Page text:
Sarah Breeden, Executive Director, International Banking Supervision, Bank of England
Please give us some background information on yourself and how your organisation plays a leading role in the climate risk agenda?
I am the Bank of England’s Executive Director for International Banks Supervision, as well as the sponsor for its work on climate change.
The Bank has been clear for some years now that climate change and the transition to a carbon-neutral economy creates financial risks that matter for the Bank’s objectives to ensure the safety and soundness of banks and insurers, as well as the stability of the UK financial system.
In April we became the first regulator in the world to set out supervisory expectations for the firms we regulate to enhance their approach to managing these risks. We are working with the FCA and the financial services industry through the Climate Financial Risk Forum to share best practice and build expertise in this important and immature field. And we have recently announced that we will stress test the UK financial system for its resilience against different climate pathways.
Internationally the Bank has led climate change initiatives by supporting the Task Force on Climate-related Financial Disclosure (TCFD). In our next annual report, we will become the first central bank to adopt those recommendations across our entire operations. We are a co-founder of the international Central Banks and Supervisors Network for Greening the Financial System (NGFS) – a coalition of the willing whose aim is to enhance the role of the financial system in supporting the transition to a carbon-neutral sustainable economy. In just 18 months, the NGFS has grown from 8 to 40 members.
It is not for the Bank of England, as a financial policymaker, to solve the problem of climate change. But we do expect financial firms to manage the financial risks that climate change brings. And in so doing, the financial system can help smooth the transition to a carbon-neutral economy.
How do you see climate change affecting your organisation/the organisations you work with?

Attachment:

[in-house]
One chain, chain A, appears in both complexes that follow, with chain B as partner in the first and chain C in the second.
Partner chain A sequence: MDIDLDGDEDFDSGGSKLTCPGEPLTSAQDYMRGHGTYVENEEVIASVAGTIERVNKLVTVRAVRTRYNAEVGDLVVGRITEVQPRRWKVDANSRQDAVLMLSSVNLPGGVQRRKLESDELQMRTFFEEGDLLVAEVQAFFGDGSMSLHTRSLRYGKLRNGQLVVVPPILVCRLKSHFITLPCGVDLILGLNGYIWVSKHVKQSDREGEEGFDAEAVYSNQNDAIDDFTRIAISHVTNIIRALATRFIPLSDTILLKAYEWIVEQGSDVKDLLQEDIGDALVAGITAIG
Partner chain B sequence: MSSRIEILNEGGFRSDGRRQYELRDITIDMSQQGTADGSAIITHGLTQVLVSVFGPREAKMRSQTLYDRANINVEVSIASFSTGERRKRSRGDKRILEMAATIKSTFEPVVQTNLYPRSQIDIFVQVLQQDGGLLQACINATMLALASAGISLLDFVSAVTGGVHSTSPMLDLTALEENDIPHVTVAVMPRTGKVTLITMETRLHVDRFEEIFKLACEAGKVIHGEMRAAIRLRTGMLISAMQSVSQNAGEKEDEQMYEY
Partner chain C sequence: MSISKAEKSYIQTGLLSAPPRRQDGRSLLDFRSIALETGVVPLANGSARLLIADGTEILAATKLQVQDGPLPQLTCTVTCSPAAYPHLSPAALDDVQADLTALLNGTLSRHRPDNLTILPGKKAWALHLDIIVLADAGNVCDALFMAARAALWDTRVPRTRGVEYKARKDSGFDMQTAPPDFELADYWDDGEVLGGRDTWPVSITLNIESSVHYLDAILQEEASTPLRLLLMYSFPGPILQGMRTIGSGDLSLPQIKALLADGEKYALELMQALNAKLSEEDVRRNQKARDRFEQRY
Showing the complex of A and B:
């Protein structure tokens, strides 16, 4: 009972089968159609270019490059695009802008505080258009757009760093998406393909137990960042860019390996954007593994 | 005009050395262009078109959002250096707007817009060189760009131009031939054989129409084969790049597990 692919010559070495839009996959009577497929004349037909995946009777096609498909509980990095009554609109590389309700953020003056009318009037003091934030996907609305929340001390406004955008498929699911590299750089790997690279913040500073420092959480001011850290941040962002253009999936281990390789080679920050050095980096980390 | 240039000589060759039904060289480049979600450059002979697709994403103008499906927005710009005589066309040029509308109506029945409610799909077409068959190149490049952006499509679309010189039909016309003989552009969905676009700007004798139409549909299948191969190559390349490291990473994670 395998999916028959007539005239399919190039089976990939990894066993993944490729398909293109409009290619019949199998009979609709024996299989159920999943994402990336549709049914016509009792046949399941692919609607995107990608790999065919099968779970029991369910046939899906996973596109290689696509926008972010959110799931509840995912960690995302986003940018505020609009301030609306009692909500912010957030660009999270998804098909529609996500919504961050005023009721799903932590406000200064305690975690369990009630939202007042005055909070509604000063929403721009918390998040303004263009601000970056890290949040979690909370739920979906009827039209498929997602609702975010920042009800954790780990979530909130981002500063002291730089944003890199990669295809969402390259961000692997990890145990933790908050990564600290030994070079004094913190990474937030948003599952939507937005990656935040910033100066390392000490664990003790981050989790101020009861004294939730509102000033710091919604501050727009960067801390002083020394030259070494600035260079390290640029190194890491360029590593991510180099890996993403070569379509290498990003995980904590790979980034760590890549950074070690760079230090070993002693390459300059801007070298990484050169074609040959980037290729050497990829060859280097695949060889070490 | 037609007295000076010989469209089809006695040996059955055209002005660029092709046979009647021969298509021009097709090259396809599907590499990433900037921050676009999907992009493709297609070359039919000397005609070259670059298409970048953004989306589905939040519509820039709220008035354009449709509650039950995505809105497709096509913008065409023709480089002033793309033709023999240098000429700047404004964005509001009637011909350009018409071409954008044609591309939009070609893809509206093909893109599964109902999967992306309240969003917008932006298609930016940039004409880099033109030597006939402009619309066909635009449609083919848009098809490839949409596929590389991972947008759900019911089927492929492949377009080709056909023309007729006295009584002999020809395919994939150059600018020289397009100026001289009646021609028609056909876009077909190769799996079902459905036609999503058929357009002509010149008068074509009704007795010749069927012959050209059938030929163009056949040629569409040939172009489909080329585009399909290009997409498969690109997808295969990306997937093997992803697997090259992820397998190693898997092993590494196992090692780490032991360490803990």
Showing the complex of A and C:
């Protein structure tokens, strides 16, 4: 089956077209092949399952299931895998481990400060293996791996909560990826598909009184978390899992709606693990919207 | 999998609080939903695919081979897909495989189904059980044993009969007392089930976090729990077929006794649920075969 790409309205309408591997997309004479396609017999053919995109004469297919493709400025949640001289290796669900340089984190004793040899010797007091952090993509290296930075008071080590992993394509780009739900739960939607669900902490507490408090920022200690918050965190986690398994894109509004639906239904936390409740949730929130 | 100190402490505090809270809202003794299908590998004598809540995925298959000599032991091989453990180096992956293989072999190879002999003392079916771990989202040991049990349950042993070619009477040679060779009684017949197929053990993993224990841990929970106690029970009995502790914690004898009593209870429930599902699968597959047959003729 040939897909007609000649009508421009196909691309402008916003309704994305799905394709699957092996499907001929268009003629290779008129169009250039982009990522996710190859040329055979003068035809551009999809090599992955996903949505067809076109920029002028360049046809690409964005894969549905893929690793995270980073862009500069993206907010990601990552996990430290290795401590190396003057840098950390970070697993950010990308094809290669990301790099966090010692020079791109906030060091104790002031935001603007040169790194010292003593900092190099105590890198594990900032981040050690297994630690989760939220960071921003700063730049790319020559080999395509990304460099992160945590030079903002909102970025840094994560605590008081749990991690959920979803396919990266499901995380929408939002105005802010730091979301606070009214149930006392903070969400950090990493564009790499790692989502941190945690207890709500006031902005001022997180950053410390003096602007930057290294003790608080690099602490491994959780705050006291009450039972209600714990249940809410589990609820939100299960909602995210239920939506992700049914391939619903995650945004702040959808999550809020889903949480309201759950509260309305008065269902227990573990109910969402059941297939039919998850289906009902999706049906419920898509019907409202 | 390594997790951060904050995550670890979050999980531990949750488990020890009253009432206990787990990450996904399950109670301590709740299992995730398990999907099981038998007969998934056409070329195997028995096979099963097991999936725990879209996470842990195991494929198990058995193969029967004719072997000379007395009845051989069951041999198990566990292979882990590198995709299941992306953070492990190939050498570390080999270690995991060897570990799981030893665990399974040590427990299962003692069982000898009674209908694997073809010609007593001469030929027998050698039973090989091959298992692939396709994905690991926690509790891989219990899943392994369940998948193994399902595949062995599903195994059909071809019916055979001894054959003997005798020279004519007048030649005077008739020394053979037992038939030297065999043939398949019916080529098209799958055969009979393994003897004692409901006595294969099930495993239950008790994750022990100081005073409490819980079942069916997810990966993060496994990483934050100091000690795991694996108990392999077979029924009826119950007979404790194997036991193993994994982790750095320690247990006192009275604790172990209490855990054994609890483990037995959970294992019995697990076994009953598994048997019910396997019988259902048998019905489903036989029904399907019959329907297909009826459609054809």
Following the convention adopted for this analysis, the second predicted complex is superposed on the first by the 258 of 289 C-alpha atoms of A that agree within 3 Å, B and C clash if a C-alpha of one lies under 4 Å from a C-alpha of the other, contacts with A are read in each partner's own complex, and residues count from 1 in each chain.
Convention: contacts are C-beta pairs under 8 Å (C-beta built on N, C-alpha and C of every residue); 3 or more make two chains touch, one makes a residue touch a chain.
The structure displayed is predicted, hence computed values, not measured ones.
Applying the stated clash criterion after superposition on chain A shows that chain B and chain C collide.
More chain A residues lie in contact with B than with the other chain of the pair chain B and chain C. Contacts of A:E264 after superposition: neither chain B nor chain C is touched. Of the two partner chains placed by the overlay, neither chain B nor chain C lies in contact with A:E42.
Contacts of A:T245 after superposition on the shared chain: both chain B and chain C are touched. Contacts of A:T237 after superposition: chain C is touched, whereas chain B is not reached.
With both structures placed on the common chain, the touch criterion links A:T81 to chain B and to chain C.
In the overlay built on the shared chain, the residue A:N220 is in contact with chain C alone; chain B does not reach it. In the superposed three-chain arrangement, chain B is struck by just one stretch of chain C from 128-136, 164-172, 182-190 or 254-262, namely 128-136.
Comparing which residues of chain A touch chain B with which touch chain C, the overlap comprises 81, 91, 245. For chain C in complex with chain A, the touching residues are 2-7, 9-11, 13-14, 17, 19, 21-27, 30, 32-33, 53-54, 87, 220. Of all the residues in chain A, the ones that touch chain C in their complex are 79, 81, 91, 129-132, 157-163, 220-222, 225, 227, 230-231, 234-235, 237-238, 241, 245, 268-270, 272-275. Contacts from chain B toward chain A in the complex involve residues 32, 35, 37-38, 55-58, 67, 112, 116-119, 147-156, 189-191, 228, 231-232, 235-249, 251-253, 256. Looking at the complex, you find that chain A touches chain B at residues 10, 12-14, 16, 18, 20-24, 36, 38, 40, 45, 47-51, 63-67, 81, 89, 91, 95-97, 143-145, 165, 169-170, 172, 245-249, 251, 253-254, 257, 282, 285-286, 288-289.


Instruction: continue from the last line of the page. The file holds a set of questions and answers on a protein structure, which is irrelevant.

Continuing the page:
Climate change creates physical and transition risks that matter for the safety and soundness of financial firms and the stability of the financial system as a whole.
Physical risks arise from climate and weather-related events, such as droughts, floods, storms and rises in sea-level. These events cause damage to property, land and infrastructure, bringing financial losses and impairments in asset values and borrower creditworthiness. Transition risk is the financial risk which results from the process of adjustment towards a carbon-neutral economy. Changes in climate policy, technology or market sentiment could prompt a reassessment of the value of a large range of assets, creating ‘stranded assets’ that turn out to be worth less than expected, probably zero in the case of unburnable carbon. A climate Minsky moment – where asset prices adjust quickly, with negative feedback loops to growth – seems possible.
Our view is that these risks are far-reaching in breadth and scope, foreseeable and their size will reflect the actions we take today. Our supervisory expectations are designed to ensure firms take a strategic approach, led by the Board, and with clear accountability. The approach should be holistic, forward-looking and embedded in business-as-usual risk management but grounded in the long-term financial interests of the firm.
How can diverse stakeholders, governments, the private sector, academics and nonprofits more effectively collaborate to reach climate-related goals?
Climate change is an unprecedented challenge that affects everyone. We need a better shared understanding of what the transition to a carbon-neutral economy will entail and what that means for the economy and financial system. We need more data, greater disclosure, better analytical toolkits, advanced scenario analysis and new risk management techniques to help assess the future financial risks in light of today’s actions. All these need wide and collaborative engagement from a range of stakeholders.
Many initiatives have been formed to help us collaborate better across regulators (e.g. NGFS) and across the financial sector (e.g. the Climate Financial Risk Forum). We have engaged with stakeholders outside of the financial sector such as academics and nonprofits to help us form our thinking. One good opportunity to engage with our work would be participating in our consultation processes. In the autumn we will be putting out a discussion paper on the design of a climate change stress test through our Biennial Exploratory Scenario, to help us leverage existing expertise and build capacity in the industry, and we encourage all stakeholders to get involved.
What’s the one thought you would like attendees to take away with them from the Climate Risk Summit?
A smooth and successful transition to a carbon-neutral future will require the engagement of everyone – domestically and internationally, the private and the public sector, the real economy and the financial sector and the time to act is now. Complexity and uncertainty cannot be an excuse for inertia. By working together and being forward-looking the financial system will be more resilient to the financial risks from climate change and better placed to support the orderly transition we all need.